A graceless administration

Arrogance and gracelessness seem to be on the minimum-qualifications list for getting work in the Bush administration. Think of the arrogance it took for Dick Cheney and his band to routinely ignore intelligence reports that failed to bolster their agenda. Think of Donald Rumsfeld overruling the generals on the matter of troop levels required to maintain order in post-war Iraq. Think of Michael Brown, former head of the Federal Emergency Management Agency, writing those memos about his wardrobe while people in New Orleans were dying in the aftermath of Hurricane Katrina. And think of Bush himself regularly explaining things he clearly doesn’t understand in garbled language.

Each news cycle brings fresh examples of outrageous hubris. It’s no longer surprising when our leaders show disdain for world opinion—as in the initial rejection of offers of aid from other countries after the hurricanes, and other such acts of imperial hauteur.

But a recent event revealed the gracelessness of Bush administration functionaries with special clarity. Prince Charles and Camilla, Duchess of Cornwall, paid a visit to the Empress Hotel in San Francisco’s Tenderloin district. The Empress Hotel is the flagship of Mayor Gavin Newsom’s Direct Access program to fight homelessness in the city. In its first year of operation, the Empress Hotel has successfully created new lives for 90 percent of its residents, an unheard of record of success at getting homeless people off the streets and into the kinds of care that frees them of addictions or the torments of mental illness. Prince Charles and Camilla visited two of the residents of the hotel, chatting comfortably for more than a half-hour. In his own country, Prince Charles has pioneered programs for the homeless, and the prince’s visit to the Empress Hotel was in marked contrast to the phony photo ops that have become the staple of American politicians.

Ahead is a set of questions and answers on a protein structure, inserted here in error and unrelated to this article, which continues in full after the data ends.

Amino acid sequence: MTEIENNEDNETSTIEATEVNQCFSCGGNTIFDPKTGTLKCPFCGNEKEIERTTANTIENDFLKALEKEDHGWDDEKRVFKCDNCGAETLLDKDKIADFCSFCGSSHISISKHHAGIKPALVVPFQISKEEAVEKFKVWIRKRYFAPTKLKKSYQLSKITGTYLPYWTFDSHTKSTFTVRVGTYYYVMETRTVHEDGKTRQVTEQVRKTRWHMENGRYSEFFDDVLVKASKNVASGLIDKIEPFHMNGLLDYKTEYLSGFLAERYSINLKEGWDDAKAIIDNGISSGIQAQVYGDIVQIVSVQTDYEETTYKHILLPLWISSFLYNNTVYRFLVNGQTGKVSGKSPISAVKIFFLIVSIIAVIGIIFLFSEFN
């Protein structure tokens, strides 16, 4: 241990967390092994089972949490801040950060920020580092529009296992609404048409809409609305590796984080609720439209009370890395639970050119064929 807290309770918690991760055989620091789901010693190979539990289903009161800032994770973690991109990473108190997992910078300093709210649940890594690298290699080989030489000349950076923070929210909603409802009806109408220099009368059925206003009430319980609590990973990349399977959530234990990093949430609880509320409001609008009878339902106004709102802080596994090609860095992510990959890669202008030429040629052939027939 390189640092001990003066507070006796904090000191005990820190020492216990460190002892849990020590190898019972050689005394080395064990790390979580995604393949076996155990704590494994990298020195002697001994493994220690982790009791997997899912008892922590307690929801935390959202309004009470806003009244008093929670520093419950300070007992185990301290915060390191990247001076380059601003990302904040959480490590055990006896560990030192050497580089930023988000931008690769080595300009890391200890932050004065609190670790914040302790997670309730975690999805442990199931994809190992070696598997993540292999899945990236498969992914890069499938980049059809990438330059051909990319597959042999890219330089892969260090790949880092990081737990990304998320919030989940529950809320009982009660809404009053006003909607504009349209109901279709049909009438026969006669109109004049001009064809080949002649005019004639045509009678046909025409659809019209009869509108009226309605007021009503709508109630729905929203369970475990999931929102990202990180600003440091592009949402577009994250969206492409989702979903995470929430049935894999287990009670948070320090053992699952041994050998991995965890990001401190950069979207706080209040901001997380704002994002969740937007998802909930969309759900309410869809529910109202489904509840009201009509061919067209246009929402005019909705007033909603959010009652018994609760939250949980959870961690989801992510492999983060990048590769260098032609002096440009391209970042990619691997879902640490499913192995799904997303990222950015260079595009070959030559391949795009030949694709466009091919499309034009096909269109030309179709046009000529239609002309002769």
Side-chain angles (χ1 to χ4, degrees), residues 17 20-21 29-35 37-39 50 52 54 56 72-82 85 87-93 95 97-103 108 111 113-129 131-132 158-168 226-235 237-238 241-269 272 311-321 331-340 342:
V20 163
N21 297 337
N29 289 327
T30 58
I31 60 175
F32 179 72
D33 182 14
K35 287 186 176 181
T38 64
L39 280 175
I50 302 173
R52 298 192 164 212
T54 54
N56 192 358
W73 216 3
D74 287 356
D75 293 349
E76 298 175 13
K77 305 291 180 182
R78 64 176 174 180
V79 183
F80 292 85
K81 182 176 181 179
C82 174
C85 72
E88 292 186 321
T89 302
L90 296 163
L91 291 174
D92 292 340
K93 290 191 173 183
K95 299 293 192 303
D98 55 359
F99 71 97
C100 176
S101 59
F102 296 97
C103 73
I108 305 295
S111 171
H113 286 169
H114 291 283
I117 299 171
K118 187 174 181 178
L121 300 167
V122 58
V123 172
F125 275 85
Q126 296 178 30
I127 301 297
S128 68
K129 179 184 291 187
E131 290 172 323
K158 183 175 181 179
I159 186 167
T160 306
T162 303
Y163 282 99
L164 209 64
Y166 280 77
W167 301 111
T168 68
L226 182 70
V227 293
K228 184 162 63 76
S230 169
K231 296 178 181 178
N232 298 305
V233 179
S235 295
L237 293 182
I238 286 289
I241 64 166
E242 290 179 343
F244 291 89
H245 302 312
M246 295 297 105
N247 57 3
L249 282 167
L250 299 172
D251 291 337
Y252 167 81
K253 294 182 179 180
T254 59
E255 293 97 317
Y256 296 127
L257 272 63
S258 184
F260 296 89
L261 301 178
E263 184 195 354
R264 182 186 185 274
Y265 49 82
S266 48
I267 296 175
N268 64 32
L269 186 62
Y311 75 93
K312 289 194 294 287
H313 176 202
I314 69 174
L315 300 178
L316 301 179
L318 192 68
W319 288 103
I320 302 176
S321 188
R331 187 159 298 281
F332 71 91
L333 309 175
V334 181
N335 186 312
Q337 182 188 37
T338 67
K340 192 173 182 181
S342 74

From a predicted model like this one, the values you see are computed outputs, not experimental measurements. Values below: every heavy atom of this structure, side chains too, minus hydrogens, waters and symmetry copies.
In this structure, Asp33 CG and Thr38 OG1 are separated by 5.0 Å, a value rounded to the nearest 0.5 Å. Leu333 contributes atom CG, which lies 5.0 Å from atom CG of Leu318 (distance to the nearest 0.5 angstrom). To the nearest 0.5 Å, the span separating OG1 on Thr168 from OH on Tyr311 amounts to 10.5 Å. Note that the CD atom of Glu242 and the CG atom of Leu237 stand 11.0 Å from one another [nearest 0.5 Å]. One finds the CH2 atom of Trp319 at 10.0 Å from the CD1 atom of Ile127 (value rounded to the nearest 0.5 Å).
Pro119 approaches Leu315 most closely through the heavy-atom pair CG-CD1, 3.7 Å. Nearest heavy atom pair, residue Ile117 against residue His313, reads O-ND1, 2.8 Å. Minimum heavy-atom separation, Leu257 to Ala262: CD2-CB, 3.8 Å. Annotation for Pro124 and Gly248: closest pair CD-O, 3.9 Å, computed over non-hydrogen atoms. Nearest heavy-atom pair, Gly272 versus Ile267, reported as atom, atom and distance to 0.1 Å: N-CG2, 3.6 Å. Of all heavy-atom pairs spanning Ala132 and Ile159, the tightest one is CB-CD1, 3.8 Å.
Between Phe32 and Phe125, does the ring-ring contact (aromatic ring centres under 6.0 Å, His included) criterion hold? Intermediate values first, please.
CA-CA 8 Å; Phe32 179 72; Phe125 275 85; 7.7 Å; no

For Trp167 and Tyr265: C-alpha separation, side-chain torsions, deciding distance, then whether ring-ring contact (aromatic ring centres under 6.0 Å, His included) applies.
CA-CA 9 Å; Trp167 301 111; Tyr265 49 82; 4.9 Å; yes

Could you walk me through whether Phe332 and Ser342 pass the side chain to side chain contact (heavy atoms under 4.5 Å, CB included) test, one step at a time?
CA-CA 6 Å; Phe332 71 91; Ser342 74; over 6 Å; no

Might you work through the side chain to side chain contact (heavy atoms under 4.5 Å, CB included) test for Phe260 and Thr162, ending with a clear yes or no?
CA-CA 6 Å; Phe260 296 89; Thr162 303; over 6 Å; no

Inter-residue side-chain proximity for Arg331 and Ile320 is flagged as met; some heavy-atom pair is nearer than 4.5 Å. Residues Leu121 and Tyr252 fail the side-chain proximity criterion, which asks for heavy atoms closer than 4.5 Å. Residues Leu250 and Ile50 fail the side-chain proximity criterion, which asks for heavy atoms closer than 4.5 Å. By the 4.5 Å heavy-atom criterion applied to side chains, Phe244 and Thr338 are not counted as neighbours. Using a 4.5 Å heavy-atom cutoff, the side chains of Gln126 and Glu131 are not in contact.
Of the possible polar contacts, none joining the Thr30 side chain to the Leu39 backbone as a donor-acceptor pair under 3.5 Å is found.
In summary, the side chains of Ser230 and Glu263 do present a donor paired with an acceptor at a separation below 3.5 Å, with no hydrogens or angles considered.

Attaching himself to the prince’s visit was Philip Mangano, the Bush administration’s homelessness czar. After the royal visit was over, Mangano was quoted as saying, “The British … haven’t done as much supportive housing like this. … We’ve pioneered it, and they can learn from us.”

Forget for a moment that the Direct Access to Housing Program is the work of a Democrat mayor in a city the Republicans have treated like a foreign nation. Forget that it was Prince Charles, himself, who helped enact the British “Rough Sleepers Initiative” that reduced his country’s homeless population by two-thirds during the past five years. Forget about the fact that the Bush administration has shown little interest in the subject of homelessness.

Forget all of that and then think about the gracelessness of a “homelessness czar” who takes credit for a program he had nothing to do with.

It takes a Bush-league bureaucrat to be that audaciously arrogant and graceless.